We were here last year, and the ocean tugged at sand—white sand. We walked barefoot, dug our fingers in for shells.
This year, the beach is gone. I don’t know how else to put it. Waves break into a hole; the ocean disappears within it.
We arrived late, after dark, and the waves roared like angry lions, but we didn’t go outside to see. We awoke this morning and looked out the window— down, down, into an endless hole.
It doesn’t fill. I asked, as we stood a few yards from the rim, and was answered with clicking tongues and shaking heads, quivering hands. One woman gave me a plastic rosary, bright blue beads. Another wiped her eyes on a handkerchief, then passed it to my wife, who answered her in Spanish.
Back in the room, I wear the rosary on my hand, wrapped around my fingers, but I don’t know how to pray. My wife would, but I don’t ask her. She frowns at the beads.
“Hypocrites,” she says.
“Heretic,” I say.
“Is the world ending?” she asks, studying her hands.
I take her pinky, hook it with mine, like we did when we were girls, when I joined her family for mass when I slept over, when I lifted my knees to my chest during communion so they could all file past me, heathen that I was.
“I lit a candle for you,” my someday-wife said once, and I didn’t speak to her for weeks.
Once, she clutched her wafer and thimble’s worth of wine in hidden palms, passed them to me on the playground after service. Under the slide, my just-friend kissed me. I remember the taste of body, of blood.
Now we are here on the Baja California, and the ocean is falling into the earth — through it, maybe, and out the other side — and the world may be ending, there’s a prayer vigil, ceaseless, on the rim of the chasm, and they say birds have fallen from the sky and plummeted down, down, disappeared without a trace, without a splash, and mothers are worried senseless over their small children, but I can’t hear the roar over warm breath in my ear, and my wife unwinds the beads from my hand, and that’s all the prayer I need.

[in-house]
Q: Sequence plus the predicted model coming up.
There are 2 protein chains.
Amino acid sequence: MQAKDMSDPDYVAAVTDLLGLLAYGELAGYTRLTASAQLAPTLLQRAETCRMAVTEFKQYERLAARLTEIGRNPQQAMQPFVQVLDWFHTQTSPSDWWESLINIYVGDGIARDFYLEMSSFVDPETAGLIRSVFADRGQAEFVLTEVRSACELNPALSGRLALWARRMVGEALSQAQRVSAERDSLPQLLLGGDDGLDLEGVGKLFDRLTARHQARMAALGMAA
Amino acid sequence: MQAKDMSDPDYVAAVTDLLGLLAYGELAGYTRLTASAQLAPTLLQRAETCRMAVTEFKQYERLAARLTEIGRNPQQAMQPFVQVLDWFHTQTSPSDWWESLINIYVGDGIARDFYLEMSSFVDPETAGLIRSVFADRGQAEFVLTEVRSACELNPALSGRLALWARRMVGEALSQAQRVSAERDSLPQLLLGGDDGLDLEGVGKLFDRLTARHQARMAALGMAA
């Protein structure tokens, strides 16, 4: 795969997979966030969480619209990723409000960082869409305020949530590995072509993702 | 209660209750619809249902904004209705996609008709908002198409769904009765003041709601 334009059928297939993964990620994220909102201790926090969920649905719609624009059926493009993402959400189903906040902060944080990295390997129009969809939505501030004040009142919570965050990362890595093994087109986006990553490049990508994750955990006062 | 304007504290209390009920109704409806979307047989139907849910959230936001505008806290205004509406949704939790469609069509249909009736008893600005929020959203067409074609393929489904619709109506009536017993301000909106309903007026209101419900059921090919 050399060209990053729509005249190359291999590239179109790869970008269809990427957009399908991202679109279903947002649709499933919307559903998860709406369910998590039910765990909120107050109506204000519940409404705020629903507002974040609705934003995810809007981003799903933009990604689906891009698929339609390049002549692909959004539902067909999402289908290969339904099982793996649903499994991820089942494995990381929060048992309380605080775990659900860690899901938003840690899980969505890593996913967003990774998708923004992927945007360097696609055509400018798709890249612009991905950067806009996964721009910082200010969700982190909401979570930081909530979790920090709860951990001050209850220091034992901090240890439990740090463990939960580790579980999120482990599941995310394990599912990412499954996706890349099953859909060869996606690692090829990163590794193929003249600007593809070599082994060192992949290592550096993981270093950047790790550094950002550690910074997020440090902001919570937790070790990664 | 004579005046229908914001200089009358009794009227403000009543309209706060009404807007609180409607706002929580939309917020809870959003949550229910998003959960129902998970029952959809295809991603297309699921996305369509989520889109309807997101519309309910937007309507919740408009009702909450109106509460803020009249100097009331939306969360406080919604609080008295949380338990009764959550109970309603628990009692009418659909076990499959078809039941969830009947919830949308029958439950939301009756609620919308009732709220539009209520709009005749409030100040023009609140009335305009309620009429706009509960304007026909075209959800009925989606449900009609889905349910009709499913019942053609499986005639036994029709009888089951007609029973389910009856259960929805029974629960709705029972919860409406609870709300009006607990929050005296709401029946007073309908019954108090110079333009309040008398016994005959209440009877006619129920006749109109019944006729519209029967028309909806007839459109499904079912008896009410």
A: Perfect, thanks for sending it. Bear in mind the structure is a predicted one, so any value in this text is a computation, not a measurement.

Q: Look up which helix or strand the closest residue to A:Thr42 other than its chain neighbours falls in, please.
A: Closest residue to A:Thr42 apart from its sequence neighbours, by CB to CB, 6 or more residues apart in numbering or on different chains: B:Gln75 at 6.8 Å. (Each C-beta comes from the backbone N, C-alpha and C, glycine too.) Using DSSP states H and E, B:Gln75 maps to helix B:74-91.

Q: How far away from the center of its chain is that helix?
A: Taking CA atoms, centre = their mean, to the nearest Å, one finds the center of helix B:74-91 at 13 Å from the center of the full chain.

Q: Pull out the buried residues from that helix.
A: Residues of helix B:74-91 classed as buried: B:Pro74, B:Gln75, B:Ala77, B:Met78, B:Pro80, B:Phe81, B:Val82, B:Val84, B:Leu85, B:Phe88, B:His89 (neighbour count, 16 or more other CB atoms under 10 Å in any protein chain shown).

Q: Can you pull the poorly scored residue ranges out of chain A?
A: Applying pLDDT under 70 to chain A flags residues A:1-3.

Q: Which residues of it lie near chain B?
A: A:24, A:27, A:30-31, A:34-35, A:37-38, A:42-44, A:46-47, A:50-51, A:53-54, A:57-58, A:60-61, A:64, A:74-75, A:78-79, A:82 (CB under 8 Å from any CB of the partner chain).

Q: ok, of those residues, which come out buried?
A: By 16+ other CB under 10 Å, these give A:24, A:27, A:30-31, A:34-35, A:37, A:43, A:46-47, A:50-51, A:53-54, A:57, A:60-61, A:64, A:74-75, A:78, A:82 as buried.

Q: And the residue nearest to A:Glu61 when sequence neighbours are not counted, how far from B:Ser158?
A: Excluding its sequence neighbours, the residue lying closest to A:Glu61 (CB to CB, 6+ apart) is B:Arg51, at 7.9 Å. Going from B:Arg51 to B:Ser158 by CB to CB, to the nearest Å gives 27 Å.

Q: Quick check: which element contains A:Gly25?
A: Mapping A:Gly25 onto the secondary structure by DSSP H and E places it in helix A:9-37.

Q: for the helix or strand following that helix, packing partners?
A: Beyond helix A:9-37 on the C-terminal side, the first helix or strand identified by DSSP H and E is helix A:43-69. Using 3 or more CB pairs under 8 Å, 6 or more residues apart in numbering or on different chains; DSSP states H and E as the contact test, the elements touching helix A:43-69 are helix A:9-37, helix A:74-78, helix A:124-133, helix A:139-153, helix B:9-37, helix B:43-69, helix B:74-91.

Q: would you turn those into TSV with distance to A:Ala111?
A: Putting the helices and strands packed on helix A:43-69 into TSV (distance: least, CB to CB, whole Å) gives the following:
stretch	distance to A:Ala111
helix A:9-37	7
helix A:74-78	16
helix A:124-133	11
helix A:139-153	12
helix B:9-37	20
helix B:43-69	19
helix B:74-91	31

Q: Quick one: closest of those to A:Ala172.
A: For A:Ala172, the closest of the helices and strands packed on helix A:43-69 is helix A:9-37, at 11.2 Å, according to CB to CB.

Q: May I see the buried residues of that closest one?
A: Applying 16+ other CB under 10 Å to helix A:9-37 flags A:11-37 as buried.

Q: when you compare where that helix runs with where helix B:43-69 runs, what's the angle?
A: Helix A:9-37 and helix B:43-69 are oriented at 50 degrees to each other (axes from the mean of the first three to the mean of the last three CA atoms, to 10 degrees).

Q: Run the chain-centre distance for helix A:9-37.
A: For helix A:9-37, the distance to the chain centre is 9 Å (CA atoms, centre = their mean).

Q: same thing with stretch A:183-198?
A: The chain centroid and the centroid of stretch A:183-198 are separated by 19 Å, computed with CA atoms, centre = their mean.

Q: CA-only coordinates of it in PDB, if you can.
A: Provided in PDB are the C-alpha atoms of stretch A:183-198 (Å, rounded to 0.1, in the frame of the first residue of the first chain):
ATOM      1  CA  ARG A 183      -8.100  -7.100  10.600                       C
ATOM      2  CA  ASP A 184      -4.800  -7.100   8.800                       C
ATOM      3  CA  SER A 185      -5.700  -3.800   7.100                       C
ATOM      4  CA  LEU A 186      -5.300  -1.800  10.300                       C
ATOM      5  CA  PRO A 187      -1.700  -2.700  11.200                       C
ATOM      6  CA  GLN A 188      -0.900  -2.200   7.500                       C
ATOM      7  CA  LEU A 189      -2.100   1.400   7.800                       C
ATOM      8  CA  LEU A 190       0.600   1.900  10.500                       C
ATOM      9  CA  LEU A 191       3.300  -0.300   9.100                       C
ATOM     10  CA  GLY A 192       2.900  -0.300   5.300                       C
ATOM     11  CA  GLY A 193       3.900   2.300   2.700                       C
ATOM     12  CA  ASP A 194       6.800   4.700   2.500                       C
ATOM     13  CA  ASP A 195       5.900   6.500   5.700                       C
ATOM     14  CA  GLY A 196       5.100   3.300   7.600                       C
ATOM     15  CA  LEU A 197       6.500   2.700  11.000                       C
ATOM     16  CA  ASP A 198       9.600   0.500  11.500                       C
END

Kate Finegan thinks there’s something slightly unnerving about the ocean, and Planet Money’s episode about sand theft (#853: “Peak Sand”) confirmed this feeling and sparked the idea for this piece. Her chapbook, The Size of Texas, is available from Penrose Press. Her work has won contests with Thresholds, Phoebe Journal, Midwestern Gothic, and The Fiddlehead, and been runner-up for The Puritan’s Thomas Morton Memorial Prize, shortlisted for the Cambridge Short Story Prize and Synaesthesia Flash Fiction Prize, and longlisted by Room. She is Assistant Fiction Editor at Longleaf Review. You can find her at katefinegan.ink and twitter.com/@kehfinegan.
Lead image: “pinky promise.” (via Flickr user kayla)